Weeds are pesky bits of unwanted growth that can mar the beauty of the most well-manicured lawn. They can create headaches for the homeowner and the lawn care companies. Weeds are not pretty and then have a potentially devastating effect on the entire lawn if allowed to spread, of course. The weeds will compete with your grass for sunlight, water, air and essential nutrients. An infestation can become uncontrollable pretty quickly so you have to take action. If you apply weed pre-emergents too late and the herbicide will be ineffective. In this article, we’ll delve into the importance of weed pre-emergents and help you determine the best course of action to take in the event of weed overgrowth on your lawn.
All experts agree that waiting too late to use a weed pre-emergent is not going to help you or your lawn. Following a few simple tips about using the right treatment at the right time will ensure your lawn is properly nourished all year long. Pre-emergent herbicides for weed treatment must attack the weeds while they’re still seeds, thus, eliminating unwanted plants before they begin to germinate.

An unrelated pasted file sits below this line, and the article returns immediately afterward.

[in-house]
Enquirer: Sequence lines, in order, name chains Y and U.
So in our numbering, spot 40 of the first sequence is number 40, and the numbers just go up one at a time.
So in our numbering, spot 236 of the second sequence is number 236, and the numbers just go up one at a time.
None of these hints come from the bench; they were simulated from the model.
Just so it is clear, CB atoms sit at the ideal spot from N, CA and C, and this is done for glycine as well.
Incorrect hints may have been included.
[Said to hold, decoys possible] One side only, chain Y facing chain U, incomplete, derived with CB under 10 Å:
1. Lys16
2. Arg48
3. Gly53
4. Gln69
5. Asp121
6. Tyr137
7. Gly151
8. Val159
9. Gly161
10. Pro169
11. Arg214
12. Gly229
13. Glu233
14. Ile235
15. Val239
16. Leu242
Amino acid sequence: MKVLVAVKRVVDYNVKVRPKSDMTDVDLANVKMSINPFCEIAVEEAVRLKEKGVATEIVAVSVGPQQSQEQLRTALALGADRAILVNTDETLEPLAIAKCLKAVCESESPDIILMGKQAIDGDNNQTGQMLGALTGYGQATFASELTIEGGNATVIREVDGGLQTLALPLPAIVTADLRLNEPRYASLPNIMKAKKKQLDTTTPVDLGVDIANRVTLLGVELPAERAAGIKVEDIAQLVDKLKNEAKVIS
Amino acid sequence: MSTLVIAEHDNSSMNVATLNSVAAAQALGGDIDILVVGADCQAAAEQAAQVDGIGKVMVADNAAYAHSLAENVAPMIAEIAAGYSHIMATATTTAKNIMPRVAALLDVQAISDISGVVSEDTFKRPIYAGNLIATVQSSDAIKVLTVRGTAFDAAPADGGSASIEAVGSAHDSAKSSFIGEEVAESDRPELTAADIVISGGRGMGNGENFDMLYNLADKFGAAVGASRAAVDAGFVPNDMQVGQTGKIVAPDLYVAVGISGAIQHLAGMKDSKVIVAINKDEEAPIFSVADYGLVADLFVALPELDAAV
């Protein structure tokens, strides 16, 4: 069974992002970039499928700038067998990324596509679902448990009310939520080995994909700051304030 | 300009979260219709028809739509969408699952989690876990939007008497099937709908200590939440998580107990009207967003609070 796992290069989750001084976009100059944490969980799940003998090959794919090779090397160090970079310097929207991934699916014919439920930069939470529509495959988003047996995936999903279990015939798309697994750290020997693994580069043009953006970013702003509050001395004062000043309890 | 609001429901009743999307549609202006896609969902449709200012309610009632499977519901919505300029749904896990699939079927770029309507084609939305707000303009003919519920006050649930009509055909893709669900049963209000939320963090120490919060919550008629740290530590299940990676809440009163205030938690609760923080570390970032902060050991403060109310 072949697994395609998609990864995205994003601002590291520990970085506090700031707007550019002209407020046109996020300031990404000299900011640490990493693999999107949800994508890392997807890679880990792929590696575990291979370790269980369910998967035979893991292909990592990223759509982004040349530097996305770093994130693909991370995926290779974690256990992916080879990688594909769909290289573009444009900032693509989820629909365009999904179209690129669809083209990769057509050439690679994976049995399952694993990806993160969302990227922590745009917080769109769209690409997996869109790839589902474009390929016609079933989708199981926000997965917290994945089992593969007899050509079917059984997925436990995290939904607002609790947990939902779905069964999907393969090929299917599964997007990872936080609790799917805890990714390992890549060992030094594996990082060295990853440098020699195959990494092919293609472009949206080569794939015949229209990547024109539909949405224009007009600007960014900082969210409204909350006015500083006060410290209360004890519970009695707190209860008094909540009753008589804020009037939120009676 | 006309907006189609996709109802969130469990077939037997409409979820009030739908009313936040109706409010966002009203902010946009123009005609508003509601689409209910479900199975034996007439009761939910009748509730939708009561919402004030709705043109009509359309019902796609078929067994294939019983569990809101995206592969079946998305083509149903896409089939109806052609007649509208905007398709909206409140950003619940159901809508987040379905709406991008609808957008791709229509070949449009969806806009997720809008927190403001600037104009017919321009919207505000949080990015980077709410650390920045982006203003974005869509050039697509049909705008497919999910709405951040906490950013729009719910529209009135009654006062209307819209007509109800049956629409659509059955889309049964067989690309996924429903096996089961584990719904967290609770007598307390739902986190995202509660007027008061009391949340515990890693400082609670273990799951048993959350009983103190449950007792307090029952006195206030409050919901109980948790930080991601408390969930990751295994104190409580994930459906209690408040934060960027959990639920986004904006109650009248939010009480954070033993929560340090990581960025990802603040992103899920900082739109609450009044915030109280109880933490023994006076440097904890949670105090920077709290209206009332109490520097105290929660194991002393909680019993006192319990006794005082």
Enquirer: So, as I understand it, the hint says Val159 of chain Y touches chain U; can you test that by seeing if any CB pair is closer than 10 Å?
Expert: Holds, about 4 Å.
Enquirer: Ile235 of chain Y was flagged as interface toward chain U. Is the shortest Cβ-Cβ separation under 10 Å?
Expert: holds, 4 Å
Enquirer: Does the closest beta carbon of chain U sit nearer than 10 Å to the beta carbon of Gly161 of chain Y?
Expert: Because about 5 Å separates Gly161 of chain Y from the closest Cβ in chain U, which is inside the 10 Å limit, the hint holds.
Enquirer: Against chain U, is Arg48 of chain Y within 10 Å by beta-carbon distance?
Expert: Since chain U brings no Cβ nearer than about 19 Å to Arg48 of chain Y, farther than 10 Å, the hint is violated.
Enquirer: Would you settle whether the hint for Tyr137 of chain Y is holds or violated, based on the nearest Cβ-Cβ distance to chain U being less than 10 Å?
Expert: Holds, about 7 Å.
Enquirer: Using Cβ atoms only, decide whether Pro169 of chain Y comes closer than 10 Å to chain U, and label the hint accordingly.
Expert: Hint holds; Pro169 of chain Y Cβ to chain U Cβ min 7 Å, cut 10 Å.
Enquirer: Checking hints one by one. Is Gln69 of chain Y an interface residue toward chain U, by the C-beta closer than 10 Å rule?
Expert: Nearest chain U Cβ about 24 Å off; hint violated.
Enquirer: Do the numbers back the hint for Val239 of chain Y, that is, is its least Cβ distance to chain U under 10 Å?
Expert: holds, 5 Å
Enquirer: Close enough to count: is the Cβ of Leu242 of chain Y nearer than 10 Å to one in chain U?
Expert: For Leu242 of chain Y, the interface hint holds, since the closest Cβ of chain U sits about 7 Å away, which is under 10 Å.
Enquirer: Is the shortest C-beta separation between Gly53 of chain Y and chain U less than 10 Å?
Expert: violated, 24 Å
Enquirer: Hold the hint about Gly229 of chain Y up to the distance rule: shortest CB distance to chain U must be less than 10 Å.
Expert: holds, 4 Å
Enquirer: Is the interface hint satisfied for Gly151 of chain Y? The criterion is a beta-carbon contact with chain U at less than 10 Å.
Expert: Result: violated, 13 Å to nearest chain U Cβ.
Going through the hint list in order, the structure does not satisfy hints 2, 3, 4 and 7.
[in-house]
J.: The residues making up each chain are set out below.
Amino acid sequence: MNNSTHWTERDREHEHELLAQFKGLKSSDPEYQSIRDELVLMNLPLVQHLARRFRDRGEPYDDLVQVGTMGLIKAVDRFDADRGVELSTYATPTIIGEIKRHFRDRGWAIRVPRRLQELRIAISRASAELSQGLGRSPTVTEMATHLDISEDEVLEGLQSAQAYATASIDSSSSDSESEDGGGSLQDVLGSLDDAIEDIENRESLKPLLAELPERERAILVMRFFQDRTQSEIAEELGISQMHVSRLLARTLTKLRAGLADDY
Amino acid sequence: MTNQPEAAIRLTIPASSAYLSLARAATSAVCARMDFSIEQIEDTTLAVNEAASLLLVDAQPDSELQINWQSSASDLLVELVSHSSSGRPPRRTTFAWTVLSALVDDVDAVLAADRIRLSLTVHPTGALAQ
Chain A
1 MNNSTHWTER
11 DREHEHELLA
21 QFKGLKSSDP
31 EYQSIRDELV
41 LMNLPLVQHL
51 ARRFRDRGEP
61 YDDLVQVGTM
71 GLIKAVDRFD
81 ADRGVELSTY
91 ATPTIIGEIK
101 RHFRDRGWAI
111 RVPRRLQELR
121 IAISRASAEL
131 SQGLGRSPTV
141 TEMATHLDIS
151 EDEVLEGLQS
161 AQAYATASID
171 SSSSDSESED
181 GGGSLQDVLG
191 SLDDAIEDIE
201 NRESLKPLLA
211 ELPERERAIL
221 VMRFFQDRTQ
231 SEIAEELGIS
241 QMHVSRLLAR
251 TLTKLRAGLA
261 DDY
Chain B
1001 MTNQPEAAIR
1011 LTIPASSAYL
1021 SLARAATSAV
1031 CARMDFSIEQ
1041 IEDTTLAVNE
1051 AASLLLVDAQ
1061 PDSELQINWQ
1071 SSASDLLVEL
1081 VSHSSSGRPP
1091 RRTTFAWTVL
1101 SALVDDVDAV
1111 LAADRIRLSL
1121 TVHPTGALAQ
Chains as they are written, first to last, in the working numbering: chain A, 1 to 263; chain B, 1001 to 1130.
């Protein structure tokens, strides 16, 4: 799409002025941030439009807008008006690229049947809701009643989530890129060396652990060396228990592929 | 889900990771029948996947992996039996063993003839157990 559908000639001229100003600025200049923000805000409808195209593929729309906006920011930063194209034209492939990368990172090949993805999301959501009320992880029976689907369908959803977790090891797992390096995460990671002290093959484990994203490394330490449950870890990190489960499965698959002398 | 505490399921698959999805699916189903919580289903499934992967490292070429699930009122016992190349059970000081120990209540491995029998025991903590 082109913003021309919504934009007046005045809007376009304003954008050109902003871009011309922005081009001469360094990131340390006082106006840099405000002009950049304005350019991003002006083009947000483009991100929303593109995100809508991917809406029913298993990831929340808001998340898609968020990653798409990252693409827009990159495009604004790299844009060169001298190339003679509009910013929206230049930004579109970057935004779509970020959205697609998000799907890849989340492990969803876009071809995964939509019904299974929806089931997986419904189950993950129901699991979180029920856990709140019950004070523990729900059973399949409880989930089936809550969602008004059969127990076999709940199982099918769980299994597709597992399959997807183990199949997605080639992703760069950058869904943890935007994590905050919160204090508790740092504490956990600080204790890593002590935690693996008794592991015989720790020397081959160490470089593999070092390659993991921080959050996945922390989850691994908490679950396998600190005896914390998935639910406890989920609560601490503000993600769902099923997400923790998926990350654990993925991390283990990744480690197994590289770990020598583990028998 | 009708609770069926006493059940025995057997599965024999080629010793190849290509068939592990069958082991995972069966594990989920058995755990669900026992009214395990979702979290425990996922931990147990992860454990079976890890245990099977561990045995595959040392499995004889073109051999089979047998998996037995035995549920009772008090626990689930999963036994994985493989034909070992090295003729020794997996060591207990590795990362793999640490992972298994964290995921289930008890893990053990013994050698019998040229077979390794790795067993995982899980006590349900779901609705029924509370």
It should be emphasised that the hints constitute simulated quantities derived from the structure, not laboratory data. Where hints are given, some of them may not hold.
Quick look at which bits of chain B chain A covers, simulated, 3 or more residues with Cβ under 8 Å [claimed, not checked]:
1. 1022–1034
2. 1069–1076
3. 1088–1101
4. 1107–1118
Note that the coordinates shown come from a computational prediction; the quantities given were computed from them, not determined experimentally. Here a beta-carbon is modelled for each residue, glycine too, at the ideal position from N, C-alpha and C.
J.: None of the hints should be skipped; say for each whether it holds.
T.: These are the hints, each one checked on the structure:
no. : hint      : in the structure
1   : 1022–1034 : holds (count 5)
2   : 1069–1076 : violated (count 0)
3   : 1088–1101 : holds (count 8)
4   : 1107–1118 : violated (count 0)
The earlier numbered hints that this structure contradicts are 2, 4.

When applying weed pre-emergents, geography, Mother Nature and soil temperature are just a few of the factors. In Central Texas, you should be applying weed pre-emergents for crabgrass and grassburs in the middle of March. A second spring application should occur right before spring turns into summer – about June 15th. Fall application of weed pre-emergents should be applied if you’re working with cool-season grassy weeds in mid-September. Your soil should be in the low to mid 50s if at all possible when applying weed pre-emergents.
If you apply fertilizer along with the pre-emergent weed killer, do them a few days apart. Apply the fertilizer first and water it deeply into the soil. Then, wait a few days and apply the pre-emergent granules. Water lightly.
When they are properly watered in, pre-emergent herbicides will form a thin barrier in the top layer of the soil. When a weed seed germinates and comes into contact with the chemical, it will probably be destroyed. A uniform coverage of the chemical must be provided in the locations where you want to deny weeds from getting a foothold.
A few things to remember about weed pre-emergents:
- Pre-emergent weed control works by inhibiting the development of newly germinated seeds.
- The herbicide doesn’t prohibit germination; rather, the barrier you’ve set up stops the development of weed seeds.
- You don’t have to apply the weed pre-emergent to the whole yard, just the trouble spots.
- Water your weed pre-emergents after you lay them down to create the barrier against germination.
- Too much rainfall or not enough and break the herbicide down more quickly than expected. You may need to make a repeat application.
Having trouble keeping all this straight? Don’t worry – Emerald Lawns knows when and how to apply weed pre-emergents to your lawn for maximum benefit. Give us a call today at 512-990-2199 for more information.